Monthly Archives: February 2015

Getting up the mountain safely

Some of you were probably skiing a few weeks ago. Hopefully nothing bad happened like the cables of the skilift failing.

Those cables are actually rather prone to failure but luckily the cables are designed to withstand a lot and there are easy methods to check the cables and replace them if necessary, before any real dangerous situations occur.

First lets go over the different ways the cables can fail. The most obvious one is of course broken wires, which happens rather frequently, but because the rope actually is made from several smaller ropes twisted together as you can see in figure 1

broken rope element
Figure 1: Rope with broken wires

Other possibilities include but are not limited to:  birdcage (the outer layers of the rope becoming longer than the inner ones, as seen in figure 2), loose wires, loop formations, nodes which can be seen in figure 3 and many others Continue reading Getting up the mountain safely


Imaging systems and your privacy.

Part 2: Seeing your thoughts.

Upon researching the previous privacy blog i stumbled upon some other stuff too.

For instance, have you at any point ever wondered why that police helicopter just kept going in circles above your neighborhood? Well, as it turns out they found out a rather clever trick to discover possible illegal  marijuana plantations.

Using heat camera’s they scan entire neighborhoods for unusual heat signatures, weed plantations are easy to spot as they usually clearly stand out on the special footage.

article-2461412-18C0914600000578-186_634x356Or as in the picture on the left, the plantation in this flat was just literally glowing with an absurd amount heat. (Corresponding article here.)

It’s another method to see whats going on inside people’s private property. But unlike the technology used in the first blog I personally don’t feel this one really invades privacy as it doesn’t pierce trough the surface of your home… What’s your opinion on this method?

On a way different level they are experimenting with stuff you can only dream of:
Looking into someone’s brain !

In the following Youtube clip researchers show video fragments to  test subjects while extracting brain activity data using fMRI. Subsequently they use this data to re-create the original footage by matching the original data with a huge database of random video’s (youtube clips). Sort of like how you can now use Google images by uploading a picture yourself and getting the same or similar pictures as a search result.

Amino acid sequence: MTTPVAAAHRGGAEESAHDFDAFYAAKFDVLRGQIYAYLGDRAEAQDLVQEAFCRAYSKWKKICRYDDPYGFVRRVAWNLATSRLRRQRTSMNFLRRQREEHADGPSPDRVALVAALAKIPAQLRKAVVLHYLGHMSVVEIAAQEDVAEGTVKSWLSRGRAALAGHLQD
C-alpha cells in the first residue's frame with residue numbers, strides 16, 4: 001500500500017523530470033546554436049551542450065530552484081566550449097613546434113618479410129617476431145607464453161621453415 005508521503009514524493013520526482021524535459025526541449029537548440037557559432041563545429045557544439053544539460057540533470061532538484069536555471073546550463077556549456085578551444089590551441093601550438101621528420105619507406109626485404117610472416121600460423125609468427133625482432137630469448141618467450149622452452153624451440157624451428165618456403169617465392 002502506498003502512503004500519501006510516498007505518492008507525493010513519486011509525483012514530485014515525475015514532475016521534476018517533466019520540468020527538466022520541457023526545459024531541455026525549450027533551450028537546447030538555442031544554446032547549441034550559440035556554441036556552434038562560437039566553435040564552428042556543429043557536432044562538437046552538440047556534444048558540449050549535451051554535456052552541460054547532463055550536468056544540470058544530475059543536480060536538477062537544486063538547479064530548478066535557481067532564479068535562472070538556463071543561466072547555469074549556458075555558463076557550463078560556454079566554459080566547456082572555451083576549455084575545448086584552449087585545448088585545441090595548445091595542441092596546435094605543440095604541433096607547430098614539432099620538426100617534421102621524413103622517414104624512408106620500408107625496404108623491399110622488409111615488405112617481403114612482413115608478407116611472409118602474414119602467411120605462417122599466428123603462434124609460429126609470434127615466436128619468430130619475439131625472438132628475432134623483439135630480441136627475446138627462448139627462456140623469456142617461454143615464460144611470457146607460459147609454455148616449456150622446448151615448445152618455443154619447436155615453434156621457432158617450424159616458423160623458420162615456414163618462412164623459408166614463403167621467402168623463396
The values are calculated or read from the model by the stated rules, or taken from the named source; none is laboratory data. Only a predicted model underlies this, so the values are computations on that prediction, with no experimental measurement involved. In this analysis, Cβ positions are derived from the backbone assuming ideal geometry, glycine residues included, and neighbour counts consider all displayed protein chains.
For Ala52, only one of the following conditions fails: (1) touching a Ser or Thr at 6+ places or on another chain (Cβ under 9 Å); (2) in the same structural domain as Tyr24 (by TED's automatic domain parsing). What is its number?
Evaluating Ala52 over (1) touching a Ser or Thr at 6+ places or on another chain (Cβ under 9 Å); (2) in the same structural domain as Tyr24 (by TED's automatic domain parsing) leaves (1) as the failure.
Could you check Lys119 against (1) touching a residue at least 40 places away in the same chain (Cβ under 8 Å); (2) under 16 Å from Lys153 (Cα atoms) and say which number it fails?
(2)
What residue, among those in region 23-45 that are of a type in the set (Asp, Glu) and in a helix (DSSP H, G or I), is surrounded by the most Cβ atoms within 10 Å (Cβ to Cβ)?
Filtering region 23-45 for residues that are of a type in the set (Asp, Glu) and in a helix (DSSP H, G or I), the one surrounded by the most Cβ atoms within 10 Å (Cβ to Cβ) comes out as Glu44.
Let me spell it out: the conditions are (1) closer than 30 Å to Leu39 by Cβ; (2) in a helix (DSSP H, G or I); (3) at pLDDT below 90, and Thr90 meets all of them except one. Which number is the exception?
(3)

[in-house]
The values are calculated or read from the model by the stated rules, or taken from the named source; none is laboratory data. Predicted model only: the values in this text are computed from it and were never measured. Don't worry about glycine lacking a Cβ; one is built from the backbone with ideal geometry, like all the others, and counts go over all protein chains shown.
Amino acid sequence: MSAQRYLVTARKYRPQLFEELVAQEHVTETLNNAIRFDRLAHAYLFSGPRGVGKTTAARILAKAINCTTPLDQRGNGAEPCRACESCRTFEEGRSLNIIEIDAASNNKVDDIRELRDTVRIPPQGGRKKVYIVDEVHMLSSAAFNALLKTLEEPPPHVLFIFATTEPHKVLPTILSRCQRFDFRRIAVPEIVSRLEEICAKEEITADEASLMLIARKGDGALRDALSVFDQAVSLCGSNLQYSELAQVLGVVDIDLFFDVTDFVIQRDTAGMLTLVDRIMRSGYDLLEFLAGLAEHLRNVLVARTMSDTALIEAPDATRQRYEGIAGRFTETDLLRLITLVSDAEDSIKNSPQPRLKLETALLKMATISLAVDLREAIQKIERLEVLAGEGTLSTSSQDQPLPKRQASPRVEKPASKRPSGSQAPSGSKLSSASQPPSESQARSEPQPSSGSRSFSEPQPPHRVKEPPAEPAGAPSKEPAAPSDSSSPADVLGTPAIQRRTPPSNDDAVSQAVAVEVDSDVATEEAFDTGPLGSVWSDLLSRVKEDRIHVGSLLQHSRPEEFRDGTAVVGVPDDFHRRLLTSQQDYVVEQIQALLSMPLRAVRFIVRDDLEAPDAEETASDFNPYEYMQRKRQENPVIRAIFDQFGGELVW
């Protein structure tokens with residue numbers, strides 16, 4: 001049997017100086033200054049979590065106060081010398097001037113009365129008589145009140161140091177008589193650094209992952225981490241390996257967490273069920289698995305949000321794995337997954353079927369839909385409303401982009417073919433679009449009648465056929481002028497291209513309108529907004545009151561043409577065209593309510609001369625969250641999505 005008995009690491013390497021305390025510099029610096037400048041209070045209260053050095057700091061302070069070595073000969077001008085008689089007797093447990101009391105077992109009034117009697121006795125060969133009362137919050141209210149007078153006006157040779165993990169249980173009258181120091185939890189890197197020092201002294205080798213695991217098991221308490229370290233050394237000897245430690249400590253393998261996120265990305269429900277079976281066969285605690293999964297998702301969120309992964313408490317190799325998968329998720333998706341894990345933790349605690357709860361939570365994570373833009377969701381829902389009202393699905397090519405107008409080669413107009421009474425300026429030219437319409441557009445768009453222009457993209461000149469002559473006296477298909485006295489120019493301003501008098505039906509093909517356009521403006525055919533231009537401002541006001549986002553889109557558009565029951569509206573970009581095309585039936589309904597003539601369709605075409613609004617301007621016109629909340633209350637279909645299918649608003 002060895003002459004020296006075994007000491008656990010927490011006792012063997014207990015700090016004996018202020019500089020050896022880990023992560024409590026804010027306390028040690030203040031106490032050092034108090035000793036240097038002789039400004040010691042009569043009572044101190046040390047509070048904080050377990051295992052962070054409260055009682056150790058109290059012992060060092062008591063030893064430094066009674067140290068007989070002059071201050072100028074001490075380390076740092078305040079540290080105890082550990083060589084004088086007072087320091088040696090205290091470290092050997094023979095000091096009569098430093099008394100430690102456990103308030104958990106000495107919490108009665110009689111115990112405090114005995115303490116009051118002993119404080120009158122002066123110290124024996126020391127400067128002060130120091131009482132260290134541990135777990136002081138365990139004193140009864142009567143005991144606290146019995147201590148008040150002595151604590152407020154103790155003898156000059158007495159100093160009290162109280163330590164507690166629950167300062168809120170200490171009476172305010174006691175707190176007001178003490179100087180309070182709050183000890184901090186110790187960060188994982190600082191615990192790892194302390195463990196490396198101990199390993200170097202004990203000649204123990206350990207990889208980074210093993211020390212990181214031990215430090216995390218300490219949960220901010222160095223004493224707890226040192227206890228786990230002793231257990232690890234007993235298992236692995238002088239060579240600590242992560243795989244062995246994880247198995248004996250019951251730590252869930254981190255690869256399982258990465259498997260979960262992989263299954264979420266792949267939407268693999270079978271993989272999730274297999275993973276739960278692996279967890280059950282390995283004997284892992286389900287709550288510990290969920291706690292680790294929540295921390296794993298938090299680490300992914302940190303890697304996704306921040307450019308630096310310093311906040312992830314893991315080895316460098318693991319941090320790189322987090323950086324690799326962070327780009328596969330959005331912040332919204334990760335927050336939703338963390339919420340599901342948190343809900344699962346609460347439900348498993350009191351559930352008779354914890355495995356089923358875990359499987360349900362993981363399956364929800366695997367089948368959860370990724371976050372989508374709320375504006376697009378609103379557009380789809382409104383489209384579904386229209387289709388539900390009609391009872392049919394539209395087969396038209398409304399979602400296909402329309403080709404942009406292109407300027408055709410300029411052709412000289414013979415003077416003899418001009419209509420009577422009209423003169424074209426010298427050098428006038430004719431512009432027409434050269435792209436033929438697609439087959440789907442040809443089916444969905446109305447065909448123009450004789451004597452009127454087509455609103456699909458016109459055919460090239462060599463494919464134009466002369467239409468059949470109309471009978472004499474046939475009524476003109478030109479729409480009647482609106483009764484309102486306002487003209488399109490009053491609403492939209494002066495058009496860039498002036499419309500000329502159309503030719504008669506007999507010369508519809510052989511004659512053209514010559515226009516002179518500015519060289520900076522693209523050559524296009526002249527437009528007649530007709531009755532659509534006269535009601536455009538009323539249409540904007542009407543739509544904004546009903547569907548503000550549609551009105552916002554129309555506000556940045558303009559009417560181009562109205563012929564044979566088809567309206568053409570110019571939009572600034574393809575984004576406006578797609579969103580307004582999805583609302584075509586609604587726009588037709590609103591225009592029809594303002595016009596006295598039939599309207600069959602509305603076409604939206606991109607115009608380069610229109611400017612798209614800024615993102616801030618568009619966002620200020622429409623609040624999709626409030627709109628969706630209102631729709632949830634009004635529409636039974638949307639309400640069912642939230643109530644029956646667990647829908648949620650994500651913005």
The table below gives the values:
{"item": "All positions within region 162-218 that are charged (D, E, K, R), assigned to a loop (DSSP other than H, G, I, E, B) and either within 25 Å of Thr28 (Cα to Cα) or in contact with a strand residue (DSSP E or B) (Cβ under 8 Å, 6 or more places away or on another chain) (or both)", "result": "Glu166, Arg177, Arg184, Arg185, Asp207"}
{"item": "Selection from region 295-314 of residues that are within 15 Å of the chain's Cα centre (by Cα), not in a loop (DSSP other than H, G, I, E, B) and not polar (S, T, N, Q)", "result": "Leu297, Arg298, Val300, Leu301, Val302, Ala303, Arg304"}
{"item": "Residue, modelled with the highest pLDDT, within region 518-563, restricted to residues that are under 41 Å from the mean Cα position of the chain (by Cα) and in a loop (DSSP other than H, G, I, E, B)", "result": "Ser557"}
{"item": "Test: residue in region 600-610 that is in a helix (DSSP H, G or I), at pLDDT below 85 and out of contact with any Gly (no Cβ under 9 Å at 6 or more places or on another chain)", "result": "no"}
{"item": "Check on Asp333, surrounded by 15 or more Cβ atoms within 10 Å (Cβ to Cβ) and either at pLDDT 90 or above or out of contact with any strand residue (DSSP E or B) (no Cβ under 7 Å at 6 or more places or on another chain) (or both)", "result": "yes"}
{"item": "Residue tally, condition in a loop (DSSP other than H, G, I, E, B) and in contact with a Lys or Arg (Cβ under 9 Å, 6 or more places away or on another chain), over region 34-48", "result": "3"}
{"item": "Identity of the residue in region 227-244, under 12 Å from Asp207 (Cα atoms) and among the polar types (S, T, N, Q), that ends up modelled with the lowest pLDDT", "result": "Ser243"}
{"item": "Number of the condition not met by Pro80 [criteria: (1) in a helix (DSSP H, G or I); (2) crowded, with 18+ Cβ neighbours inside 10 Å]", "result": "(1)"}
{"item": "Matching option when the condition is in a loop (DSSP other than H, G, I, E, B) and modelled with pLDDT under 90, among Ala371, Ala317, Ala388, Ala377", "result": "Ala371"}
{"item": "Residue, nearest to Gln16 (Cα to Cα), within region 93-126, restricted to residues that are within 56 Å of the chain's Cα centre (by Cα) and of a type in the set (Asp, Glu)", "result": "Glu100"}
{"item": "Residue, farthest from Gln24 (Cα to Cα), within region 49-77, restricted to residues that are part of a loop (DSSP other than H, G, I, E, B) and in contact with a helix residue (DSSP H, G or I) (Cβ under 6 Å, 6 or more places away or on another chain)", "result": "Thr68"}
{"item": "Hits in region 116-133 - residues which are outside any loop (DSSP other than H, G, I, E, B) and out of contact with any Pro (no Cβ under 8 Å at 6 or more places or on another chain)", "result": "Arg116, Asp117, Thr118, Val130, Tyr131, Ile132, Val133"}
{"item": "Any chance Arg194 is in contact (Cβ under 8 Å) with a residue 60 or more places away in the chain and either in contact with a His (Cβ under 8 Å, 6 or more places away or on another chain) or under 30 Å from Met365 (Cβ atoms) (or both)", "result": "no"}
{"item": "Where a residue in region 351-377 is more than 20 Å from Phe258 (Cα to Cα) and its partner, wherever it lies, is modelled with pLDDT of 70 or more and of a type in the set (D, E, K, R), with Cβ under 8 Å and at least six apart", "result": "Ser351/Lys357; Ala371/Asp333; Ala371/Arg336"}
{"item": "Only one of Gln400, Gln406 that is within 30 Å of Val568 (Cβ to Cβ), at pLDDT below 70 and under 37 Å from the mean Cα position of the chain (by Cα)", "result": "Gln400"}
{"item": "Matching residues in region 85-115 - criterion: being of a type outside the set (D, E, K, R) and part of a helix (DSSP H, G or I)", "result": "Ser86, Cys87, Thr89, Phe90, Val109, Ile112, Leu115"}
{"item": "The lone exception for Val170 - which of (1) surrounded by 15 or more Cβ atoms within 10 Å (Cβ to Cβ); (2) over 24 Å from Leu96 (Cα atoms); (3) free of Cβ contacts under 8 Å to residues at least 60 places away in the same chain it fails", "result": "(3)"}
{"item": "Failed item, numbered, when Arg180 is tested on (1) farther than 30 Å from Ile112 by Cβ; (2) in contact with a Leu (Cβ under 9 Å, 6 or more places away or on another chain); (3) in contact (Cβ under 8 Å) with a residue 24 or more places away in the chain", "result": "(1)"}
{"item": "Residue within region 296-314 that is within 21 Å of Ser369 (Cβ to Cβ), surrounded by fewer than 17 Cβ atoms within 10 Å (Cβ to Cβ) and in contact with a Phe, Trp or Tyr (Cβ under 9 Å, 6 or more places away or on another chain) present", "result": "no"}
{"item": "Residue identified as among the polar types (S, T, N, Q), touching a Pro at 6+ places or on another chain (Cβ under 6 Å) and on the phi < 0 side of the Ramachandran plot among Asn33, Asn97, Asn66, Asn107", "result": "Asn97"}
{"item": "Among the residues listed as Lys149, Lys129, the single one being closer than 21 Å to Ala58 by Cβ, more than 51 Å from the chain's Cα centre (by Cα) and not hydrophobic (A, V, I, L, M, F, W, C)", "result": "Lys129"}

The footage in the red square is the original, shown to the test subject.
The footage in the green squares is the reconstructed video (3 different iterations are shown), which is composed by averaging out the video’s from the blue squares, which are possible matches.

Obviously the resulting  footage is currently relatively raw and inaccurate. The Youtube video above stems from 2011, but if you look at a video from only a year prior, you can see they have made huge advancements already.

If they ever get this right, they might be able to ‘fully’ visualize a persons thoughts and dreams.

So obviously this technology can go many ways. Both bad and good, obviously by the title of this blog i’m hinting towards possible privacy abuse when used against someones will. But it’s easy to see it has many possible positive applications too.

What do you see for the future of this technique? If it reaches it’s full potential, and provides a pretty clear image, will it mostly be used for evil or good?

Say now for instance, should the law be allowed to use this on key witnesses ?
Could it be used as a lie detector on inmates? What in the case of people who ended up in a coma or vegetative state.
Should the family be allowed to hook them up on such a machine, just to see what’s still going on in there?

I know it’s very hypothetical  and personal, it also covers a fairly ‘general’ side of privacy, but I’d still like your opinion…

Read the abstract and full text of the related research paper here: